They say they value the same things women do: loyalty, commitment, caring. At the same time, many insist they "need" the novelty and excitement of pursuing other women. Is there any way to make sense of these mixed messages and find new understanding between the sexes?
Yes, it is called sin. The seventh commandment is, "You shall not commit adultery," and the tenth includes, "You shall not covet your neighbor's wife."
Such drives are a part of our humanity that we must deal with and overcome. If we do not, they will lead us into many woes. Notice how the story of Amnon, a young man who could not control himself to remain faithful, illustrates the cause and effects of this sin:
Absalom the son of David had a lovely sister, whose name was Tamar; and Amnon the son of David loved her. Amnon was so distressed over his sister Tamar that he became sick; for she was a virgin. And it was improper for Amnon to do anything to her. . . . [Tamar protested his advances.] However, he would not heed her voice; and being stronger than she, he forced her and lay with her. Then Amnon hated her exceedingly, so that the hatred with which he hated her was greater than the love with which he had loved her. And Amnon said to her, "Arise, be gone!" (II Samuel 13:1-2, 14-15)
Anytime a thing, like sex, becomes an end in itself, it ceases to give the satisfying pleasure God intends when used within the context of love. Instead, because of sin's addictive traits, a person futilely searches for the satisfying fulfillment of his expectations. With it he reaps the guilt associated with a knowledge of sin.
The above Woman's Day article lists reasons men give for remaining faithful, from most to least frequently mentioned:
1. The fear of being caught. Men avoid adultery, not because it is sin, but to avoid the pain of possibly losing everything, socially and/or financially. People fear scandal more than sin because they want others to think well of them.
2. The inability to deal with guilt and deception. The burden is not the adultery and the evil it produces but having to bear something personally that they can no longer hide.
3. The lack of opportunity. Men are open to adultery, but the occasion never arises because their wives are always looming in the background.
4. The belief that husbands should be faithful. This is more conformity to social pressure rather than belief in God.
5. The personal desire to be faithful. Not one of the five mentions God. This may be because it is not fashionable to talk of God, yet it could also be that God is not in their thoughts and they never consider what He thinks.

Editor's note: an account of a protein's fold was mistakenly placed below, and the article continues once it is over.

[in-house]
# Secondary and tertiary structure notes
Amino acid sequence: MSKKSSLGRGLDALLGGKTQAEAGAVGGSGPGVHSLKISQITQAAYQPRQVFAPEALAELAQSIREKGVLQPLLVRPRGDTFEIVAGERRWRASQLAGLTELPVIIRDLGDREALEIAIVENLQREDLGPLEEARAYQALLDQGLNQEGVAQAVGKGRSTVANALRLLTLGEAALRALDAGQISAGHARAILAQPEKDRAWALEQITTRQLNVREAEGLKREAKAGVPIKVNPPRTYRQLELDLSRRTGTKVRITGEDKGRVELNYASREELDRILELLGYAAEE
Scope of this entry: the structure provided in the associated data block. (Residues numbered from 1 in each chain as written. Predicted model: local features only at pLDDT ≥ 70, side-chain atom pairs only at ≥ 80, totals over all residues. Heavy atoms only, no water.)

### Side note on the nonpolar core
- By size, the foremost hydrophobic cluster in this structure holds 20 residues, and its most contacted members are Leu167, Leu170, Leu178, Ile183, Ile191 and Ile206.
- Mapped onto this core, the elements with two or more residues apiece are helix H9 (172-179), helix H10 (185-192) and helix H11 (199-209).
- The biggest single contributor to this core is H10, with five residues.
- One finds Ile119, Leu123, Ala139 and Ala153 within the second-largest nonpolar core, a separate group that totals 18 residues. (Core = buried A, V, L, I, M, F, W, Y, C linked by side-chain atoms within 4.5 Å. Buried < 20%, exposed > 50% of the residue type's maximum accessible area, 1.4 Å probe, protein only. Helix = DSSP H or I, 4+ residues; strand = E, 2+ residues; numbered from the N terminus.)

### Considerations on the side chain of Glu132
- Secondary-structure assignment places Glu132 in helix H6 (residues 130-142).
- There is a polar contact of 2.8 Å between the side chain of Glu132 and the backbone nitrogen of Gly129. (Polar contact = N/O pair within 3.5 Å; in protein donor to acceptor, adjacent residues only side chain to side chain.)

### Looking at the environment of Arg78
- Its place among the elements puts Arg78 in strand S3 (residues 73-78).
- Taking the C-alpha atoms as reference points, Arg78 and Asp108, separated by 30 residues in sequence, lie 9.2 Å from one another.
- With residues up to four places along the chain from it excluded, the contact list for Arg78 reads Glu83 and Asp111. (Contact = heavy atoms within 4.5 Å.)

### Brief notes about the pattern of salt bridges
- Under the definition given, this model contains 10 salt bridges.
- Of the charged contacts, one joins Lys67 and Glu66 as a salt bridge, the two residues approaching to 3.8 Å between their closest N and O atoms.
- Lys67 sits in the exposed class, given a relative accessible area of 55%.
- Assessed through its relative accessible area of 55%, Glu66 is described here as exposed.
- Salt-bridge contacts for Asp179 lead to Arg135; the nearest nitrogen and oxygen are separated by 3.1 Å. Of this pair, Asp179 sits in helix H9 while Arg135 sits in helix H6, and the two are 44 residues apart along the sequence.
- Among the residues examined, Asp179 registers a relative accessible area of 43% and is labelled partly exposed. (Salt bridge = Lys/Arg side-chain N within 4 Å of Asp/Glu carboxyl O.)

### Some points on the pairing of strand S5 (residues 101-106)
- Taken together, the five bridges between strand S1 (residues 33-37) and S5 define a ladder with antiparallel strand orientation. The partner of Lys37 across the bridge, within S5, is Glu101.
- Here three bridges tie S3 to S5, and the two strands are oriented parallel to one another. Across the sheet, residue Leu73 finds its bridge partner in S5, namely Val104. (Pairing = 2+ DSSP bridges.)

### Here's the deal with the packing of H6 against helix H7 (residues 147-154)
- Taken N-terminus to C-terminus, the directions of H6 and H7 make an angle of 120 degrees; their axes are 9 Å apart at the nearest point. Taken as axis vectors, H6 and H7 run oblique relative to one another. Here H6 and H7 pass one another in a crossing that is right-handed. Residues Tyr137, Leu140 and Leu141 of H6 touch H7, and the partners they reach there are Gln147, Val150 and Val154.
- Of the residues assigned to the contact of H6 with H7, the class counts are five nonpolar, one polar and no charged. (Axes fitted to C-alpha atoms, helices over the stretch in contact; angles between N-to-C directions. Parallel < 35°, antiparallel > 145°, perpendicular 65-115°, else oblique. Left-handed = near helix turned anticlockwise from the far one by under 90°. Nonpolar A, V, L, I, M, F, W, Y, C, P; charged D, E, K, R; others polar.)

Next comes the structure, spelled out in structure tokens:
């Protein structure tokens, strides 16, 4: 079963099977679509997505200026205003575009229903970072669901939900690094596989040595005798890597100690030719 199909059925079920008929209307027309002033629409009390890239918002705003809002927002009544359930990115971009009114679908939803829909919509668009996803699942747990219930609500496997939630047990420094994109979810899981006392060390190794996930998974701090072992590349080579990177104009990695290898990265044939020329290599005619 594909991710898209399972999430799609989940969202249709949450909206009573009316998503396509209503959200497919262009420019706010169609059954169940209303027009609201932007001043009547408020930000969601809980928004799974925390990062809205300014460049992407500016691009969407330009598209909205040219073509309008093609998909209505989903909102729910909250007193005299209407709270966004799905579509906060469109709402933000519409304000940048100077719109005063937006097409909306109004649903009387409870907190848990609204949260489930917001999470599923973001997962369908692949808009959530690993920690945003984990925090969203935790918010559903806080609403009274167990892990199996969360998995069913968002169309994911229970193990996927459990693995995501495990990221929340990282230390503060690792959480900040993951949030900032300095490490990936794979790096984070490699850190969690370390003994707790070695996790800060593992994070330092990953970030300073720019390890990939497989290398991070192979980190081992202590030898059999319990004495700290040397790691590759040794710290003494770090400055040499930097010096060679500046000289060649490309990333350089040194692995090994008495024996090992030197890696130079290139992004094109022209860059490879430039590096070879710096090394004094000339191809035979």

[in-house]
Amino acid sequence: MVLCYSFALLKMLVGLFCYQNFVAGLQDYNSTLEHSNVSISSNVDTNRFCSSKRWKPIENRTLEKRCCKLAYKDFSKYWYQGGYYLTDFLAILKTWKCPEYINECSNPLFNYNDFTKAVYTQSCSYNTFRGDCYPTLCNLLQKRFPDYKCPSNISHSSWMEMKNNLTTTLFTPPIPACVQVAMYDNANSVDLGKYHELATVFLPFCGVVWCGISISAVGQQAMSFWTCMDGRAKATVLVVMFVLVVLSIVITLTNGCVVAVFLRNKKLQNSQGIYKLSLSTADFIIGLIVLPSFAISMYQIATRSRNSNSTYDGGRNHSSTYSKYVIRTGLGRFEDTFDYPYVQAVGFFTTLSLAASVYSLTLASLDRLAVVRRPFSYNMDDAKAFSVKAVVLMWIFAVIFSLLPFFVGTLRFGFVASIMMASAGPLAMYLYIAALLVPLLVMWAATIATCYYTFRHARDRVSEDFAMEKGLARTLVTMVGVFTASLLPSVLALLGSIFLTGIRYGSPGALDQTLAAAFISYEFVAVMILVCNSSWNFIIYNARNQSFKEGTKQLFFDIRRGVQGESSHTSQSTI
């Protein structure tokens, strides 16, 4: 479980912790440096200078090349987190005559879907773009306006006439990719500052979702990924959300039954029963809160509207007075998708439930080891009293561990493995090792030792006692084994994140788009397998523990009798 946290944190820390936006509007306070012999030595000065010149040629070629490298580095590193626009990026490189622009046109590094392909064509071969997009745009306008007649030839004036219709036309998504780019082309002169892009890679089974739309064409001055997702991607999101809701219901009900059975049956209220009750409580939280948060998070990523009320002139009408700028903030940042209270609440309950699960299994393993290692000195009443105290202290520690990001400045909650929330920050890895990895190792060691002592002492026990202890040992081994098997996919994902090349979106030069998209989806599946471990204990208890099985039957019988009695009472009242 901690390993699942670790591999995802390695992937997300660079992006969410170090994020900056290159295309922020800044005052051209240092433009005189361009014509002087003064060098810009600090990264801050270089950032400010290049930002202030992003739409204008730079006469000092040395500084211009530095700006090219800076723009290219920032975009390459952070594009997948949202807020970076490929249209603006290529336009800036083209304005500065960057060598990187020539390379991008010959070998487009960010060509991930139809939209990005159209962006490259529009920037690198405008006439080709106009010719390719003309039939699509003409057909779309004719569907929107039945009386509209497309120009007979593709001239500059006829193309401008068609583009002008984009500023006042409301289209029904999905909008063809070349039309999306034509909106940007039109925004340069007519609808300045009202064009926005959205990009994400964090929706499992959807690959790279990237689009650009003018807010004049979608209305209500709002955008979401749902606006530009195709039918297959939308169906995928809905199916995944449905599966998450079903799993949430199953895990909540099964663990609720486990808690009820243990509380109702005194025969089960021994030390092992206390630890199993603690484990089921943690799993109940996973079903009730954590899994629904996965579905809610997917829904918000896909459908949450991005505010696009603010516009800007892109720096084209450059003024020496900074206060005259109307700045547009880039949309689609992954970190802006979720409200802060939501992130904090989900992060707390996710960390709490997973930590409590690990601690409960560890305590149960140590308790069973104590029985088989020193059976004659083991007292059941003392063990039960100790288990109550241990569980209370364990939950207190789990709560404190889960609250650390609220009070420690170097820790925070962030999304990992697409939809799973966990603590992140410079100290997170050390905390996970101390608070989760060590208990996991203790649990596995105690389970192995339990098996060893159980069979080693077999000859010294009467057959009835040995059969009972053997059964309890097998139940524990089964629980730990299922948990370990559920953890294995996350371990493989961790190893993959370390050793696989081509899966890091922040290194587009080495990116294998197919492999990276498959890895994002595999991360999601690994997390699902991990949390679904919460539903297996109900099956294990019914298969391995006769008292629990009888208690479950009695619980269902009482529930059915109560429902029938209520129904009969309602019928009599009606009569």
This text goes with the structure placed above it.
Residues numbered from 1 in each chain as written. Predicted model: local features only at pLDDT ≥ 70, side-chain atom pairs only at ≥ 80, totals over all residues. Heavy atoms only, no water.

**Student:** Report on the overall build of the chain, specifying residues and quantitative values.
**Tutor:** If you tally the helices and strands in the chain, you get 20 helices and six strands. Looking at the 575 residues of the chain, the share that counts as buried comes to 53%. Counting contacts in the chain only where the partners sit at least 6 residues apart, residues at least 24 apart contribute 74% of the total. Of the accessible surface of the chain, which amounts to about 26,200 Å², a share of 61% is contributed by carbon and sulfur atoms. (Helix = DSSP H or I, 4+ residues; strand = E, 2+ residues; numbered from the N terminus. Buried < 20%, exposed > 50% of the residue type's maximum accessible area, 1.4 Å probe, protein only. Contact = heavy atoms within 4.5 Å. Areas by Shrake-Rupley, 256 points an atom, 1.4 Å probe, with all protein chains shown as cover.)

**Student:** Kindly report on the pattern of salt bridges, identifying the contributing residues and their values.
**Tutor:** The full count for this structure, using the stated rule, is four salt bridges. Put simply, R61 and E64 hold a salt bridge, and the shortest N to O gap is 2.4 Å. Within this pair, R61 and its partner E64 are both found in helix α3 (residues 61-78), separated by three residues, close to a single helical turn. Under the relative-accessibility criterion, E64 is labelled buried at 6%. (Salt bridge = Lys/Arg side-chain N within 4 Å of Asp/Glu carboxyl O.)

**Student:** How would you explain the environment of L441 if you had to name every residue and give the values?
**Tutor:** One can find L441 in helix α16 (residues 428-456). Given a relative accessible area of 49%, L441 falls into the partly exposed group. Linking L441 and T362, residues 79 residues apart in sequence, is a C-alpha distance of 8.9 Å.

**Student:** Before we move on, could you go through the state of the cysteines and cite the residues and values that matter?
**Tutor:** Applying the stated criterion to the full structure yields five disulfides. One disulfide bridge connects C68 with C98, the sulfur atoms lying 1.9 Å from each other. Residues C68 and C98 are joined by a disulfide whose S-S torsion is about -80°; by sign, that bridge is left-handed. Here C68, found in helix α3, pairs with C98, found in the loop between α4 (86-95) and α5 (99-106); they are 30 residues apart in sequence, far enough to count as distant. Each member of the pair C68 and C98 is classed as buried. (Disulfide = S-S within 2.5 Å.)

John W. Ritenbaugh
The Seventh Commandment (1997)
We must turn our guilt into responsibility, first by acknowledging and admitting we have committed sin, and then by repenting, changing, and overcoming our wrong ways. The initial step to overcoming sin is to humble our hearts and accept our guilt. Overcoming, that is, our struggle after righteousness, is evidence of our admission of personal guilt; by striving to rid ourselves of sin and living in accordance with God's standards, we admit to God that we are guilty of sin. The apostle James writes:
If you really fulfill the royal law according to the Scripture, “You shall love your neighbor as yourself,” you do well; but if you show partiality, you commit sin, and are convicted [found guilty] by the law as transgressors. For whoever shall keep the whole law, and yet stumble in one point, he is guilty of all. (James 2:8-10)
Vine's Expository Dictionary defines the Greek word enochos, “guilty” in James 2:10, as “lit., 'held in, bound by, liable to a charge or action by law.'” When guilty of sin, we have bound ourselves by it, relinquishing our liberty.
Martin G. Collins
What Must We Do When We Recognize Our Guilt?
Notice these verbs: "Despise," "reproach," "cut off." There is a difference in attitude reflected in the person who sins unintentionally, even though the person is conscious of what he is doing.
There is no forgiveness here. He bears his guilt right to the grave. So, murder, which involves deliberateness, is the willful taking of a life, and to sin presumptuously is to do it willfully.
John W. Ritenbaugh
Examples of Divine Justice
This verse defines guilt as breaking God's commandments. Guilt is a condition, a state, or a relationship. It is the result of two forces drawing different ways. At one point stands righteousness, and at the other, sin. In the Old Testament, the ideas of sin, guilt, and punishment are so interwoven that it is impossible to describe one without mentioning the other two. Sometimes one word is used interchangeably for the others.
The apostle John writes, “Whoever commits sin also commits lawlessness, and sin is lawlessness” (I John 3:4). The Greek word for “sin” is hamartia, an archery term for “missing the mark.” We could say that sin is not just making an error in judgment in a particular case, but missing the whole point of human life; not just the violation of a law, but an insult to a relationship with the One to whom we owe everything; not just a servant's failure to carry out a master's orders, but the ingratitude of a child to its parent.